Indigeneity, diaspora and national sports: Intersections of Pasifika and Australian identity in rugby league
Paper short abstract:
This paper explores connections between diasporic Pasifika identity and "Australian" identity through the lens of commercially successful and traditionally masculine sports, addressing questions of gender, race, and what it might mean to be indigenous in Australia but not to Australia.
Paper long abstract:
It is often through sports where the most publicly visible discourses around race, gender and indigeneity occur in Australia. With the dramatic increase of Pasifika players in rugby league over recent years, this paper raises some preliminary questions around diasporic Pasifika identity in Australia and its connections to a broader "Australian" identity and a global "indigenous" identity. Through the lens of rugby league, I present some of my PhD findings to explore what it might mean to be indigenous in Australia but not to Australia. I argue that at the centre of the state-identified Australian relationship with sport is the otherwise often neglected and problematised indigenous male body, and that this body raises important questions about indigeneity, gender, diaspora, and belonging within the Australian landscape.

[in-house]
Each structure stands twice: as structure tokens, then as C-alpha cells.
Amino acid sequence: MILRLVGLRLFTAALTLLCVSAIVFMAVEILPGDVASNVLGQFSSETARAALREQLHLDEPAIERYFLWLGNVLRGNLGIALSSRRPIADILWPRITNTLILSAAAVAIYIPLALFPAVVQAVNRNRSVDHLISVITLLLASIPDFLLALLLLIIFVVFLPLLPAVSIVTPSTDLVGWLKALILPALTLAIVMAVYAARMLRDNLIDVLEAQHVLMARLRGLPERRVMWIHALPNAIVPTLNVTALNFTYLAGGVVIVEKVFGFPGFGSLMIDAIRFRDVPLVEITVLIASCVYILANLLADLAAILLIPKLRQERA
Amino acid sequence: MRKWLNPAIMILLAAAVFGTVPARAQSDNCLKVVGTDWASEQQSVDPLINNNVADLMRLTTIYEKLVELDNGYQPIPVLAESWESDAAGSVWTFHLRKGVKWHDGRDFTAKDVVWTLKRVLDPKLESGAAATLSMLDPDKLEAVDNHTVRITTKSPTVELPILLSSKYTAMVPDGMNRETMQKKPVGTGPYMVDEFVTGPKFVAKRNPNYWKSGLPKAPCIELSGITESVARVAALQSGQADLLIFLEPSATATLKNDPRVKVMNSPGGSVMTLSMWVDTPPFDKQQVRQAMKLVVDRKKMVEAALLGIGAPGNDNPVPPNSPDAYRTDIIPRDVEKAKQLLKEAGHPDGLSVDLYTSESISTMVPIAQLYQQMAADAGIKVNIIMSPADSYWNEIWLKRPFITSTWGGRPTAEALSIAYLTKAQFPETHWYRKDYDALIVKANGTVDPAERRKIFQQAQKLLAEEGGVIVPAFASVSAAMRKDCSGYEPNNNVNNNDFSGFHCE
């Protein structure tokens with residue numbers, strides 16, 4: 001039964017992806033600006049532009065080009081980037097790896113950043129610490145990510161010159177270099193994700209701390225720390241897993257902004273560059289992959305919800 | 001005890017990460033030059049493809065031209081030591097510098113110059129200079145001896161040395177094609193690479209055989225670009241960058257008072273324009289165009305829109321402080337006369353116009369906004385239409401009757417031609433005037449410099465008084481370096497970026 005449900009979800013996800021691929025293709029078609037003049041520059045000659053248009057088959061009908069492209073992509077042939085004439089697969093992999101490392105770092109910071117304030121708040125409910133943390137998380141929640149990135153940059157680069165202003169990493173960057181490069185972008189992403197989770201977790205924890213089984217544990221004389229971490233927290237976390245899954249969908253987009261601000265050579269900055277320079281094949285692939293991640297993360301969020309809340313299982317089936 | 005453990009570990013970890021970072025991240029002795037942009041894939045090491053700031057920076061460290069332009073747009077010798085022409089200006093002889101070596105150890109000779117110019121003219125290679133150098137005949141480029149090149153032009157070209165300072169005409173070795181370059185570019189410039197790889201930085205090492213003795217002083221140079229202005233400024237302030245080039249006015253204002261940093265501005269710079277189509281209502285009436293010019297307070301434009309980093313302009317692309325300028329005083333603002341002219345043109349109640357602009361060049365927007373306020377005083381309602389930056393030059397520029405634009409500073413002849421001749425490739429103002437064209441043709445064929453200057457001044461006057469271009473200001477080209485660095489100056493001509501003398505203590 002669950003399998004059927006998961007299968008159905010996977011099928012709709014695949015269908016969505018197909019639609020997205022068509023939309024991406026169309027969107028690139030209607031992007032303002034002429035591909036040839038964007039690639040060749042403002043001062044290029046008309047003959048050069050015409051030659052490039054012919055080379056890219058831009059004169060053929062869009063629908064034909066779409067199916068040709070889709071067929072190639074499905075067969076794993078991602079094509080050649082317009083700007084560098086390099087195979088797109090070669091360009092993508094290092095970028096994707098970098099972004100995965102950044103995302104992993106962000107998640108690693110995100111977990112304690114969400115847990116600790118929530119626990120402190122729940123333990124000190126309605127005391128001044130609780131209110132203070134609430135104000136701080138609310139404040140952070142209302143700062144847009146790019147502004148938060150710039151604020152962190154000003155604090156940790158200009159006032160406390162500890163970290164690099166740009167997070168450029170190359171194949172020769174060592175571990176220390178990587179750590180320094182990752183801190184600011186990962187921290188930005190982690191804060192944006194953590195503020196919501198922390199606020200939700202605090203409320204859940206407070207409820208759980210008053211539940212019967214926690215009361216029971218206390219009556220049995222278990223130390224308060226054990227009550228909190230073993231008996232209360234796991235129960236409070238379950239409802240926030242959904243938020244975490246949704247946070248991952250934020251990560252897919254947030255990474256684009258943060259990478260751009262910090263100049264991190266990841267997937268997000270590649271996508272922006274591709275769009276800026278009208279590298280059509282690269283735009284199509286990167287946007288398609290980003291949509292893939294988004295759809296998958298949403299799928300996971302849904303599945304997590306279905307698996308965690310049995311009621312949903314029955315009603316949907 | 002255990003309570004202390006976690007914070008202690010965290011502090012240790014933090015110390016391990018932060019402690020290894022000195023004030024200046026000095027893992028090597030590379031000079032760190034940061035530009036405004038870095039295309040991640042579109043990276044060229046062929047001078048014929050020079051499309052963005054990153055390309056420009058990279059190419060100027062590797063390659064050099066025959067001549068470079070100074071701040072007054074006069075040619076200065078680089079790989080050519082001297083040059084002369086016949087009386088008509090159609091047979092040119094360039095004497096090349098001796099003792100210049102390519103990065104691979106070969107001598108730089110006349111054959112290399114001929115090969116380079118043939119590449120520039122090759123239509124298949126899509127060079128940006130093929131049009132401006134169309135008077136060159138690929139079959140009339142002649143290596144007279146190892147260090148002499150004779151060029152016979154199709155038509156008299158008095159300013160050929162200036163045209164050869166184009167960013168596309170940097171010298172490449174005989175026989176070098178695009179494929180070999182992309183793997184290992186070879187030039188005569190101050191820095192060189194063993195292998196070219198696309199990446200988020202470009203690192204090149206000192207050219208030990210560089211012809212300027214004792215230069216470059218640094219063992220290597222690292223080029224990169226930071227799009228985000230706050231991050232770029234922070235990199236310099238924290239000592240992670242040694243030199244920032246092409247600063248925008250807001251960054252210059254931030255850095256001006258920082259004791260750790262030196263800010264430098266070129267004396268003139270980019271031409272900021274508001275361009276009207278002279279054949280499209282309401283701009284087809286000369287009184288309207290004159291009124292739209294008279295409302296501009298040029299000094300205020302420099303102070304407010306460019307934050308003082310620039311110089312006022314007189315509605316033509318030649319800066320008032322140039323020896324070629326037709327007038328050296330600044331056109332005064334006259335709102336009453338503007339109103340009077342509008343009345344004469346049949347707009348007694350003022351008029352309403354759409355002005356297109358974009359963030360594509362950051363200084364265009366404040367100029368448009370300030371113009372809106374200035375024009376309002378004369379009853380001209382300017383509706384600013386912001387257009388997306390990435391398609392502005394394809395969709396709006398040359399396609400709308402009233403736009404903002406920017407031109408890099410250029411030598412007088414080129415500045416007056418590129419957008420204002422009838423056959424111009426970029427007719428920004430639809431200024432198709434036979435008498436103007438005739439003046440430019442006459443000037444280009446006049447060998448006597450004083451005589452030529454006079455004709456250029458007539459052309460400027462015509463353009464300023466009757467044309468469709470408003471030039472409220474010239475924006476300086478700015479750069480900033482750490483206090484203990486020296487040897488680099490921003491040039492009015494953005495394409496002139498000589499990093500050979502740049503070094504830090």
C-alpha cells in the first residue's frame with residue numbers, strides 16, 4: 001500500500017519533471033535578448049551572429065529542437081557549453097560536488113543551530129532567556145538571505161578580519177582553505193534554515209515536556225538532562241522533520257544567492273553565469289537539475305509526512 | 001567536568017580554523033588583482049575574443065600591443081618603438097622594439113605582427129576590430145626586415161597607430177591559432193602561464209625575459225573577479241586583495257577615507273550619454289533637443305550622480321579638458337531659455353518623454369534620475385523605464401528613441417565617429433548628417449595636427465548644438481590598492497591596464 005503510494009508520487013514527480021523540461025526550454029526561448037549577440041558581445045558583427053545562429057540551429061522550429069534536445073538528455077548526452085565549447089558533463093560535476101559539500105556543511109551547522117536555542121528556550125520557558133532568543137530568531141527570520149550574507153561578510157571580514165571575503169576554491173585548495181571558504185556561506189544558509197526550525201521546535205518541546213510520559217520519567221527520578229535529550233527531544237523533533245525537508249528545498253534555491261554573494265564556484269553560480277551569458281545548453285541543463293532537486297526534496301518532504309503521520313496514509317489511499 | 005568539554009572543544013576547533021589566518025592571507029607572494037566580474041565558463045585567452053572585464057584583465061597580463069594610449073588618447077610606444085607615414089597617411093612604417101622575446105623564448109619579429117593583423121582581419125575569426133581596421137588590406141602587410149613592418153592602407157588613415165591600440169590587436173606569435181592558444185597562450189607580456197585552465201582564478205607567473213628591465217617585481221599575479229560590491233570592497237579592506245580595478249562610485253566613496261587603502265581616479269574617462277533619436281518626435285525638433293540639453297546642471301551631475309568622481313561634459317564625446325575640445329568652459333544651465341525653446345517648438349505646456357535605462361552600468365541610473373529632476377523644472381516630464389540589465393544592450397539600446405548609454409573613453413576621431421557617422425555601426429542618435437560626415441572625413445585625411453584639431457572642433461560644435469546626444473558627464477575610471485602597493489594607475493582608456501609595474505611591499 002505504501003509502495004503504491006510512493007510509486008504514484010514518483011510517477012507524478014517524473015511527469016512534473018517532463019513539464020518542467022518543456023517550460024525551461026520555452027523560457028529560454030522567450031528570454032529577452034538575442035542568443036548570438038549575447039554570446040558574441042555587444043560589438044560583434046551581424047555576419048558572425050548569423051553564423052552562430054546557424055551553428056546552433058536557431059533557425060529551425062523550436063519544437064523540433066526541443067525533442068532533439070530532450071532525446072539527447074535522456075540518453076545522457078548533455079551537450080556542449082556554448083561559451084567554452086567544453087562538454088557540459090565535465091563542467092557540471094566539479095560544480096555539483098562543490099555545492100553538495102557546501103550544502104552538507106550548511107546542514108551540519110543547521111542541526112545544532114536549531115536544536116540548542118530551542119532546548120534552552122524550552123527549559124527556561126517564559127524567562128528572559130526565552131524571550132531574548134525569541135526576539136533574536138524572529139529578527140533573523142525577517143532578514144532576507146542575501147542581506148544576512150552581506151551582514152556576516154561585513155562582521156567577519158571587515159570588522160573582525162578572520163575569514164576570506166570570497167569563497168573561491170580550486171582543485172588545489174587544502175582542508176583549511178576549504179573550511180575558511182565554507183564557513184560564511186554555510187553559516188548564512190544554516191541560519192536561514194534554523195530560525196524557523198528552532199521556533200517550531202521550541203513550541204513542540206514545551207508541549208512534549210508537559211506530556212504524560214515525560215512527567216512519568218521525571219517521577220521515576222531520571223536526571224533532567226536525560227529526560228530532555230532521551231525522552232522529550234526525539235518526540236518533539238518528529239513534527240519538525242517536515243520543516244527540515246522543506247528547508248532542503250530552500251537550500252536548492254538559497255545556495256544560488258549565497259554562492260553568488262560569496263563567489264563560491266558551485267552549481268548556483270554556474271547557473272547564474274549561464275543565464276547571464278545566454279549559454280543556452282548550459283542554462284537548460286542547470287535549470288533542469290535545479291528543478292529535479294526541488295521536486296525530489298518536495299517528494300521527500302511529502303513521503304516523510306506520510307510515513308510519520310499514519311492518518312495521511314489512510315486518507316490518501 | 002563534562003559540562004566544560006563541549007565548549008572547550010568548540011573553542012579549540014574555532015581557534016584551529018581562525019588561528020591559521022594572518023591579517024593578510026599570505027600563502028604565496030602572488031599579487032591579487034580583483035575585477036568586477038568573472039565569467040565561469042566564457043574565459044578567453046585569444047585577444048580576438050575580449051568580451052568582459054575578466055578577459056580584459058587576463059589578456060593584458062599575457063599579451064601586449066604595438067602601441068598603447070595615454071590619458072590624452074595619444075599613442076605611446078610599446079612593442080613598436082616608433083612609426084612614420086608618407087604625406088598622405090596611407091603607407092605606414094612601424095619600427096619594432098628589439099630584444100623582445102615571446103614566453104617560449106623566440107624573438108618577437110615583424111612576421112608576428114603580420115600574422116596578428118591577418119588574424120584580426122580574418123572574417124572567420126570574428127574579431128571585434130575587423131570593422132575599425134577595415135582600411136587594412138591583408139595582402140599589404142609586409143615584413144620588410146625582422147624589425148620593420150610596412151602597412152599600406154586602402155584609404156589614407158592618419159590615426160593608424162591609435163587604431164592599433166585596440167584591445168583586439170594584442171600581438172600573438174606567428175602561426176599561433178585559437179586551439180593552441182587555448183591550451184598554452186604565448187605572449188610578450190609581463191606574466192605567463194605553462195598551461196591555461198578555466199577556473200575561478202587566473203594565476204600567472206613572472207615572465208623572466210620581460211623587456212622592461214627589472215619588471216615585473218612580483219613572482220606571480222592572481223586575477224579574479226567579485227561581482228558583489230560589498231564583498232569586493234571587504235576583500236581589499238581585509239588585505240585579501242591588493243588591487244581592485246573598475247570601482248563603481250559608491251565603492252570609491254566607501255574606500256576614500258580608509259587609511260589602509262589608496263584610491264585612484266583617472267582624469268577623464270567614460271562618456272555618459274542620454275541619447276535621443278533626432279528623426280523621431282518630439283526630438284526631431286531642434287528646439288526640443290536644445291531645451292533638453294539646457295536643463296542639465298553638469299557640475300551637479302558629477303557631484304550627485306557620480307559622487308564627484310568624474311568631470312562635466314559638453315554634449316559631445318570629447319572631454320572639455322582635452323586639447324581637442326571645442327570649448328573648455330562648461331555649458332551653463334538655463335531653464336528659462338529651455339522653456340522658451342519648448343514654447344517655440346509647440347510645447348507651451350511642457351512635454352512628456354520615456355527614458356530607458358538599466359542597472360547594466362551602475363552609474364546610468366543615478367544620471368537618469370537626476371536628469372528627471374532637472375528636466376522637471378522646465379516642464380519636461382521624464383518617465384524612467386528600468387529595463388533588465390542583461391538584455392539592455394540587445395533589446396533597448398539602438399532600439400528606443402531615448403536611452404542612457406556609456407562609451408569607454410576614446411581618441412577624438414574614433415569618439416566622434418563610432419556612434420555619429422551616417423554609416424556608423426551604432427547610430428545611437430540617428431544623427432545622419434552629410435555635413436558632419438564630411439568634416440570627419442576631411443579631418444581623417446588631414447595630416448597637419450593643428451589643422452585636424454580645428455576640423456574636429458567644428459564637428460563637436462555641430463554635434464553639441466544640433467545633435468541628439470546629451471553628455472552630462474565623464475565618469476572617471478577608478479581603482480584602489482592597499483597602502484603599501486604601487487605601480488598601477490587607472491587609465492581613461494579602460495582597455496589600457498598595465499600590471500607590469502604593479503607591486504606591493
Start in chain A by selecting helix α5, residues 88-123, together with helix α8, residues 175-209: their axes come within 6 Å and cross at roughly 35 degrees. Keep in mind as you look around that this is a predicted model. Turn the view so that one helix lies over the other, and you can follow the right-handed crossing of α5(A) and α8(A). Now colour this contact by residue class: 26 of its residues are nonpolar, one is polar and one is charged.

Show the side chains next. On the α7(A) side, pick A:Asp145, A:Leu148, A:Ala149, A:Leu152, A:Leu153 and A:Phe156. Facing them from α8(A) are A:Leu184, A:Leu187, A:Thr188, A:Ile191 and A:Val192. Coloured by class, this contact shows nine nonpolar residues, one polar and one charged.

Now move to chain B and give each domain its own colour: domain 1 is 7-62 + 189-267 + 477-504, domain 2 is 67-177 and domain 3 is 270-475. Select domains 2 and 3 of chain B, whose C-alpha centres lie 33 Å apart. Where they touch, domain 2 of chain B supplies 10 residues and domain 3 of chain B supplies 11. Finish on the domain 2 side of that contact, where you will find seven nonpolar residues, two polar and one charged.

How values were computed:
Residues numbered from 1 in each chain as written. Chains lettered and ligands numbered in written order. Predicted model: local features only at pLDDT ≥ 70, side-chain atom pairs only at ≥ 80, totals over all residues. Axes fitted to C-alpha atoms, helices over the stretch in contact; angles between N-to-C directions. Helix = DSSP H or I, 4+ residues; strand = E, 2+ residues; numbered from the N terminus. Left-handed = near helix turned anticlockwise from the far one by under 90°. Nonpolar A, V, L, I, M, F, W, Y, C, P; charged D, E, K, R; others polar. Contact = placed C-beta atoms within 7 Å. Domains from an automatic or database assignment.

Embodied rituals, symbols and performances: embodiment as a negotiation of the state, and state negotiations of embodiment